Open Plantbot – Rev A

Spring is coming in Berlin and thus my thoughts – as every year – are with plants and growing them. I live in an appartment with a tiny tiny balcony so I don't have much space but that has never stopped me from wanting to cram as many plants into the space as possible to the point of starting nuclear fusion.

In addition to that I have a few house-plants and very water-sensitive trees in my appartment. My current approach is to go around with a jug of water every couple of days and water them individually – making sure the soil has a certain moisture and doesn't exceed a certain limit – but I've always had the dream of being able to automate …

[Update] Jolly Christmas Decoration

You might remember I played around with Kicad a few months ago and made this tacky little thing. Just about 2 1/2 weeks ago I went onto DirtyPCB to get them actually made. I wanted to have gone through the production process and get something built before I started doing more complicated projects.

Unfortunately I discovered a little mistake with the design in the layout that ended up at the manufacturer (Rev 3.1). I tried to fix them but Rev 3.2 didn't make it in time, which means my boards will be a bit more complicated to power. However not too complicated as the power-in are just throughholes so I can actually strap anything behind it to …

Recovering a destroyed LUKs container

So...funny thing happened to me the other day. And by funny I mean not funny. Actually I mean quite the oposite of funny. I booted my laptop after shutting it shut down for the first time after several weeks of activity and...nothing.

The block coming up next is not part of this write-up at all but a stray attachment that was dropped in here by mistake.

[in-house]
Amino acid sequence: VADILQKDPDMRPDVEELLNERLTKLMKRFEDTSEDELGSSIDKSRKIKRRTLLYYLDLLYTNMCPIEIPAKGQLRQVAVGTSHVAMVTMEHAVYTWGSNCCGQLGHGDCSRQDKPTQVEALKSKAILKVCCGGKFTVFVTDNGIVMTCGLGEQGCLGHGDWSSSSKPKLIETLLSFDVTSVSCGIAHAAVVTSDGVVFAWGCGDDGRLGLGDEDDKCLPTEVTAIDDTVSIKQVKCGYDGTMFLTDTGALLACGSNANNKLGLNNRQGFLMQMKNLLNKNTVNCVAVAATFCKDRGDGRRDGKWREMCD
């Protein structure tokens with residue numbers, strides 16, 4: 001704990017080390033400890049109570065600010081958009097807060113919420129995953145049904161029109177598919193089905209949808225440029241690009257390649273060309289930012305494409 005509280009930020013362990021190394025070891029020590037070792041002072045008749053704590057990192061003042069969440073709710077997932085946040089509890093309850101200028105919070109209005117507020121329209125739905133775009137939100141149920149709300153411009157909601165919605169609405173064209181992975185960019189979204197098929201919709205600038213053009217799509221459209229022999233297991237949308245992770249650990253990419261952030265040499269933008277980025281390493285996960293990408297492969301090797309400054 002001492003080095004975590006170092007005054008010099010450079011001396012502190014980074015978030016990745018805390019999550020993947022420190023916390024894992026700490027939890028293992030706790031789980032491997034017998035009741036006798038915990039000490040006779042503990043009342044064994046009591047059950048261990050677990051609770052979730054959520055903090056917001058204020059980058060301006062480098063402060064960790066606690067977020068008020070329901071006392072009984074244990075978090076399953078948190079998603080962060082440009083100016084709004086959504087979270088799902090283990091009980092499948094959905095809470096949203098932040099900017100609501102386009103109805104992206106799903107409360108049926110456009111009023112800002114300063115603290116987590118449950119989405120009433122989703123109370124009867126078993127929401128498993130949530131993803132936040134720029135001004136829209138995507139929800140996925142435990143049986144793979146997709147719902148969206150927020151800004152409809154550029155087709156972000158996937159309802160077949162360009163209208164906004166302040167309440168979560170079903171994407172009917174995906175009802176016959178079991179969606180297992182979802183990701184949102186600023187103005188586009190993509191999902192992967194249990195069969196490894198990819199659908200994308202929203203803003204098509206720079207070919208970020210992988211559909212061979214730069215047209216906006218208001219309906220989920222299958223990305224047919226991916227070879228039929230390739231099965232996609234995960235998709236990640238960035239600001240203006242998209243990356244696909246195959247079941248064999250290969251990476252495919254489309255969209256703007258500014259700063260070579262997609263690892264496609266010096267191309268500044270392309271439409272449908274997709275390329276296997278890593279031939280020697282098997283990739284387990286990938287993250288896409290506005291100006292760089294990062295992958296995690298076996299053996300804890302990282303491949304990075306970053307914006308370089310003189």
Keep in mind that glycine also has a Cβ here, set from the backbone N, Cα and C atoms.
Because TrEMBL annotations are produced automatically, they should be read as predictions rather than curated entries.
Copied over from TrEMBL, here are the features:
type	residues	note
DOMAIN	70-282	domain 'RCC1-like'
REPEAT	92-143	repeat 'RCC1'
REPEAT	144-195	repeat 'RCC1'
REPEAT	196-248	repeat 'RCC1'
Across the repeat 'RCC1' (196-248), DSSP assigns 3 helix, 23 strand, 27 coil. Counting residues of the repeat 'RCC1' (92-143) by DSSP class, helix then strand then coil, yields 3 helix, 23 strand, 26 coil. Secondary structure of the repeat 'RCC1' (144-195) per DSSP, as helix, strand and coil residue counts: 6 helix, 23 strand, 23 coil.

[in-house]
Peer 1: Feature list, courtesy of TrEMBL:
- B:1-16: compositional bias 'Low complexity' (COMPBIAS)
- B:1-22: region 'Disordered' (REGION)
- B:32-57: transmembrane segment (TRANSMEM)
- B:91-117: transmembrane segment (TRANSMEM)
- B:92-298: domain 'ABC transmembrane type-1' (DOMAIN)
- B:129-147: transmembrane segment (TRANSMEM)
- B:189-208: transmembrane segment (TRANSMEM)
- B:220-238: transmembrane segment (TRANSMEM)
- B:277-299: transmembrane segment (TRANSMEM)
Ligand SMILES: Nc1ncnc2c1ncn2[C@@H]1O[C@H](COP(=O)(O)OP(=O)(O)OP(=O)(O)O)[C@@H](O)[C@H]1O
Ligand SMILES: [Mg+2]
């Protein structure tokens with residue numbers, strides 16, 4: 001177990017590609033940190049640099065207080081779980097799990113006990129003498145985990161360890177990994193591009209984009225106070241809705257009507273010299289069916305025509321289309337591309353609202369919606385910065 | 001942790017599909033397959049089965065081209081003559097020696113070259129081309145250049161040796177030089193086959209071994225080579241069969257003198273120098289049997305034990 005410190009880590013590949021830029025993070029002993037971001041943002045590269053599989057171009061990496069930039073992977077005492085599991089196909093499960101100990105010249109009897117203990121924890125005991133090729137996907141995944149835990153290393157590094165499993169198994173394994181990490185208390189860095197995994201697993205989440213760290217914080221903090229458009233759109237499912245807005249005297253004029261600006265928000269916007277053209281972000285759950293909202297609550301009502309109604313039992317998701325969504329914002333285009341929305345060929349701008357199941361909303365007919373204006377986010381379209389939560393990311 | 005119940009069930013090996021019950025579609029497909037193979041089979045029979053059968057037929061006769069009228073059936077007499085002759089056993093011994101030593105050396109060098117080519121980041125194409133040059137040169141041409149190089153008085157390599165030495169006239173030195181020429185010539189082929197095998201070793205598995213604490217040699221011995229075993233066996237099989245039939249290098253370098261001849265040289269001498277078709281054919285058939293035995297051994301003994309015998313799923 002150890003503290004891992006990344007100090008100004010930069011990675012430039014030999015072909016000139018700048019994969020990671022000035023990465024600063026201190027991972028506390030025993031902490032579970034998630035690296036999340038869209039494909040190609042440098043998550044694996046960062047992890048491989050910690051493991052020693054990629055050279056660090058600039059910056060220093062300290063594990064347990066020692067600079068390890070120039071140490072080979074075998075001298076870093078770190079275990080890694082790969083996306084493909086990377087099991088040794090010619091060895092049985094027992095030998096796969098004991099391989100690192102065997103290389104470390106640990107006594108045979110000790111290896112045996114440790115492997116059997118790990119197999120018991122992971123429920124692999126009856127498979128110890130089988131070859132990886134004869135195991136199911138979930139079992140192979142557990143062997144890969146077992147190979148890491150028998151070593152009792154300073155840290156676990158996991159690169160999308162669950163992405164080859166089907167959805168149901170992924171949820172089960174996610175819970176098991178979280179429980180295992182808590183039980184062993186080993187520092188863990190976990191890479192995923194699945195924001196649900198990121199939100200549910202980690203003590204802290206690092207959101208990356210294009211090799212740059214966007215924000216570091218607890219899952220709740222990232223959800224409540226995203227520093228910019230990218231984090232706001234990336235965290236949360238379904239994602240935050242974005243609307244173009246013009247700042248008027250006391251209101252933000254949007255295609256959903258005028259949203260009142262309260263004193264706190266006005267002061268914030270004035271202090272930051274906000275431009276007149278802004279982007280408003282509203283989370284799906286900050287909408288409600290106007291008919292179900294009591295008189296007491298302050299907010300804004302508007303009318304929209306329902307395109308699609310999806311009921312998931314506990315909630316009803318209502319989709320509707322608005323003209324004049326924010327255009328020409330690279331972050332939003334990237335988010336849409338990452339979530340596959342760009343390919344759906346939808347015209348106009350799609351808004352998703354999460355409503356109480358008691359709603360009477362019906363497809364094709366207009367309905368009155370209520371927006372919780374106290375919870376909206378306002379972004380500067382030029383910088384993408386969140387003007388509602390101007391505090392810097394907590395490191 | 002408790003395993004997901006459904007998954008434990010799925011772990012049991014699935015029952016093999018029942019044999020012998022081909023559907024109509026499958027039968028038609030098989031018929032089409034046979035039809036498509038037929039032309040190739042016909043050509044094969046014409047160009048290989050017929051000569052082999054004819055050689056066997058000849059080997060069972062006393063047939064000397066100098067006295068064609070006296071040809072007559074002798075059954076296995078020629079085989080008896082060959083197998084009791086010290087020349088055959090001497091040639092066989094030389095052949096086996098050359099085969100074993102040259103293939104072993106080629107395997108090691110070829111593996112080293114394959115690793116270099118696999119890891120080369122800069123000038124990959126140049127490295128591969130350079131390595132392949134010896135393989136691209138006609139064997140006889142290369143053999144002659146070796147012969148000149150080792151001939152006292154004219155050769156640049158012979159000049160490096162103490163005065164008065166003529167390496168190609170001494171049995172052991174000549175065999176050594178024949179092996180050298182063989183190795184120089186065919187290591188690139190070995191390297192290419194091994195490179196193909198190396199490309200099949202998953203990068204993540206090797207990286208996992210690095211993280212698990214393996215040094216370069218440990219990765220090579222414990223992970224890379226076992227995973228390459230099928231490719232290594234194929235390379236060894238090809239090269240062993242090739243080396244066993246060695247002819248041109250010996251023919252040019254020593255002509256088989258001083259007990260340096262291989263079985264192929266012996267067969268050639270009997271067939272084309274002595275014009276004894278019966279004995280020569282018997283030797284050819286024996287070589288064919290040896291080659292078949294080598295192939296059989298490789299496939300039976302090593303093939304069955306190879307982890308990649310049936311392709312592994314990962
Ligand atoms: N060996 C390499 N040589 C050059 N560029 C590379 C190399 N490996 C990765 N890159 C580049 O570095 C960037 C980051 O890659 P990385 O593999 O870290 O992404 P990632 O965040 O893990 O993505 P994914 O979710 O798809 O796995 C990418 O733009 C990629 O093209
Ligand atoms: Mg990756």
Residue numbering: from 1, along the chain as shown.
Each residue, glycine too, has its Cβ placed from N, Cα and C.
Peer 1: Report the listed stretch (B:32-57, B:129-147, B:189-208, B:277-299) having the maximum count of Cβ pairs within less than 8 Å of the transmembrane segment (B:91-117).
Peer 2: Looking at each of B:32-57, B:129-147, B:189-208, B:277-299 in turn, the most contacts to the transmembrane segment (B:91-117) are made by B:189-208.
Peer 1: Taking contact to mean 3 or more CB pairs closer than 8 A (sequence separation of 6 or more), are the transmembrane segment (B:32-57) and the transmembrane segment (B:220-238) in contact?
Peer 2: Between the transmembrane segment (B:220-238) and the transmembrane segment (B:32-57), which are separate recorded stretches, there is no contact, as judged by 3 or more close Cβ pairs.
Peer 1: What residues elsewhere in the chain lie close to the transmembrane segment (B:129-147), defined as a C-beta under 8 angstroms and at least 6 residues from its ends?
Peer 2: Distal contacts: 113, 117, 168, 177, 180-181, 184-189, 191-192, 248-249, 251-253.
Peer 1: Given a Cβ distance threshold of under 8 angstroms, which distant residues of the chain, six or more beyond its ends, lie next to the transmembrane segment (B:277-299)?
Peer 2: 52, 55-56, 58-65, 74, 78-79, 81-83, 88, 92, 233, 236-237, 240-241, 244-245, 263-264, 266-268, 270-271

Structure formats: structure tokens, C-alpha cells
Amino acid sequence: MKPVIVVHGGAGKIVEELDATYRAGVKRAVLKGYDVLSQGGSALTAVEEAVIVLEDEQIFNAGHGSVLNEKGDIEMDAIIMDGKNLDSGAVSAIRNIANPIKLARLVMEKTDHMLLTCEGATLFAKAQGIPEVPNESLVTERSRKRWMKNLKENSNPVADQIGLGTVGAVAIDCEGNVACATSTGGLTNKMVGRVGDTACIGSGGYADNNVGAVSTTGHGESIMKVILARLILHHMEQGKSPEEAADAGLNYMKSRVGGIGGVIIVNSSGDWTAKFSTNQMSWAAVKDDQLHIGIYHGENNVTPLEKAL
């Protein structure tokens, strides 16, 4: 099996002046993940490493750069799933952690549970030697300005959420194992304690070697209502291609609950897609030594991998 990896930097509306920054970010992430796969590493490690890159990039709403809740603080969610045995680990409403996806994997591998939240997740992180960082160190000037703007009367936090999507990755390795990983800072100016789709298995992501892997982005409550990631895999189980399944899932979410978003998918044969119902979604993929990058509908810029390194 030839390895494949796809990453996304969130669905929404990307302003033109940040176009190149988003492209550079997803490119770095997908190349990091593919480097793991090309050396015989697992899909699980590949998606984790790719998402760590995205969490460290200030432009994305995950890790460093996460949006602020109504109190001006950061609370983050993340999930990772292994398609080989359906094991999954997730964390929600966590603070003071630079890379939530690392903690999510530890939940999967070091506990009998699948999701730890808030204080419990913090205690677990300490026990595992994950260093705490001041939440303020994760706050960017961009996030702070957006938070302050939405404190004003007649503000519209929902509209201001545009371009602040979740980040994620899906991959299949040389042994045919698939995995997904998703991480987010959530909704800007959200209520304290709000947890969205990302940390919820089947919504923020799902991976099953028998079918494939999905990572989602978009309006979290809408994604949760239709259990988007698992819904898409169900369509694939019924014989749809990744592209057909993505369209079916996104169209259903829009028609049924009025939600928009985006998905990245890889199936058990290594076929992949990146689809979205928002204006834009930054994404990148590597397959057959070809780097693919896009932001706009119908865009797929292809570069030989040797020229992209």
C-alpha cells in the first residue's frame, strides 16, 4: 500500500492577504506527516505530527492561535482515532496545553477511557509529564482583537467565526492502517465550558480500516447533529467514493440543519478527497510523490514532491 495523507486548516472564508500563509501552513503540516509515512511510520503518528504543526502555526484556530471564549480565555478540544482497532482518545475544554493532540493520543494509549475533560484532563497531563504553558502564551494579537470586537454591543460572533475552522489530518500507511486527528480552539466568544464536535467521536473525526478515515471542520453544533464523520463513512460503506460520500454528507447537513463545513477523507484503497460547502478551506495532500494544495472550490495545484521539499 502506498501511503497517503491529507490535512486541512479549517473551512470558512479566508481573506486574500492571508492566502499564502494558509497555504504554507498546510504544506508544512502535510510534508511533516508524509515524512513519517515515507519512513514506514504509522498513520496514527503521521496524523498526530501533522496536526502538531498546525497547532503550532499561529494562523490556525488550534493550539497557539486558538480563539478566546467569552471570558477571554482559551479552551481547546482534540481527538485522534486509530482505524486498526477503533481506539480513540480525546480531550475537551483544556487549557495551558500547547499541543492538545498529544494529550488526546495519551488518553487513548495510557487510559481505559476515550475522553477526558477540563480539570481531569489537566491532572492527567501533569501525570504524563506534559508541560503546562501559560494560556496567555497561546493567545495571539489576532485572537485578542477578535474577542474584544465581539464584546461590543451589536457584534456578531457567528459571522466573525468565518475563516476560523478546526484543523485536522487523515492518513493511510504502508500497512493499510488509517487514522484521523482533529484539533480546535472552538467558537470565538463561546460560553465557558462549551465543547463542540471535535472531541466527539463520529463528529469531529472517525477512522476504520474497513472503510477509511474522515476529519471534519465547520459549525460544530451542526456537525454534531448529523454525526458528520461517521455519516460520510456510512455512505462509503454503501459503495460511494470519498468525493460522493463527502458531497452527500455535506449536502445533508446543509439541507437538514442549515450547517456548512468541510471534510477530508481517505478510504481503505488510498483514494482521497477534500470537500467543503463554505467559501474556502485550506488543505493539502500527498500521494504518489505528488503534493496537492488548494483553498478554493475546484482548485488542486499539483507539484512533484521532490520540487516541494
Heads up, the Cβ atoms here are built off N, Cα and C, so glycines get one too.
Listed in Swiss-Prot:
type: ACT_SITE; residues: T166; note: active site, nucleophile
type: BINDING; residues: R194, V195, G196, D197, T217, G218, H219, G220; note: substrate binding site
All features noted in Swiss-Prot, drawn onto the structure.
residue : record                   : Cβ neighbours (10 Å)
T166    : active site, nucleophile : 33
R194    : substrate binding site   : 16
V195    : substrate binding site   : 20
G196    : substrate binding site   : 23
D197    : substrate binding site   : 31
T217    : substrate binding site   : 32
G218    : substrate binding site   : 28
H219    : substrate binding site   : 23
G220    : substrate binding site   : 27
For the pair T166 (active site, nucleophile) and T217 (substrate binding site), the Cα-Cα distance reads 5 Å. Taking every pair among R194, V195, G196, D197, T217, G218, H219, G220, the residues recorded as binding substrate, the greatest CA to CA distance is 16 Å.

I stared at my plymouth boot screen while nothing prompted me to type in my passphrase to decrypt my harddrive and the first thought through my mind was:

Fuck...I don't have a backup.

How to debug

Now...not to worry, after some time I was dropped into a recovery console where I could ask very simple questions like what kernel modules were present and what Systemd had been up to. And at first I thought …

Jolly Christmas Decoration

Christmas is getting closer (not really but let's just roll with it) and I wanted to learn KiCad a software that let's you create circuits and design PCB for manufacture.

I found a tutorial series online by a guy named Ashley Mills (with quite a legendary beard) who showed off a simple circuit using a 555-timer, a shift register and an XOR gate made from NPN transistors and resistors to display and repeat a pattern on several LED's.

The series focused on getting to know KiCad and all it's features. And while I did that in the first revision of my board, I've diverged from it since. I can however recommend his videos on KiCad to anyone who wants to …

Chaos Communication Camp 2015

Hey everybody, long time no read.

As I returned from vacation on the Chaos Communication Camp 2015 (Not sure if I'll post more about that) and probably starting a new job next week (pssst not sure if I should talk about it 😉 ) the rest of my summer is still ahead of me and I'm booming with ideas and inspiration to do stuff.

I've started more intensively coding on the newdawn branch of Reedb, the C port of the database and planning some features for the old codebase via the backports branch. Because the new codebase will use a different crypto backend (from OpenSSL to gnu_crypt) a migration agent will be neccesary to migrate between 0.11.x to 0.12 …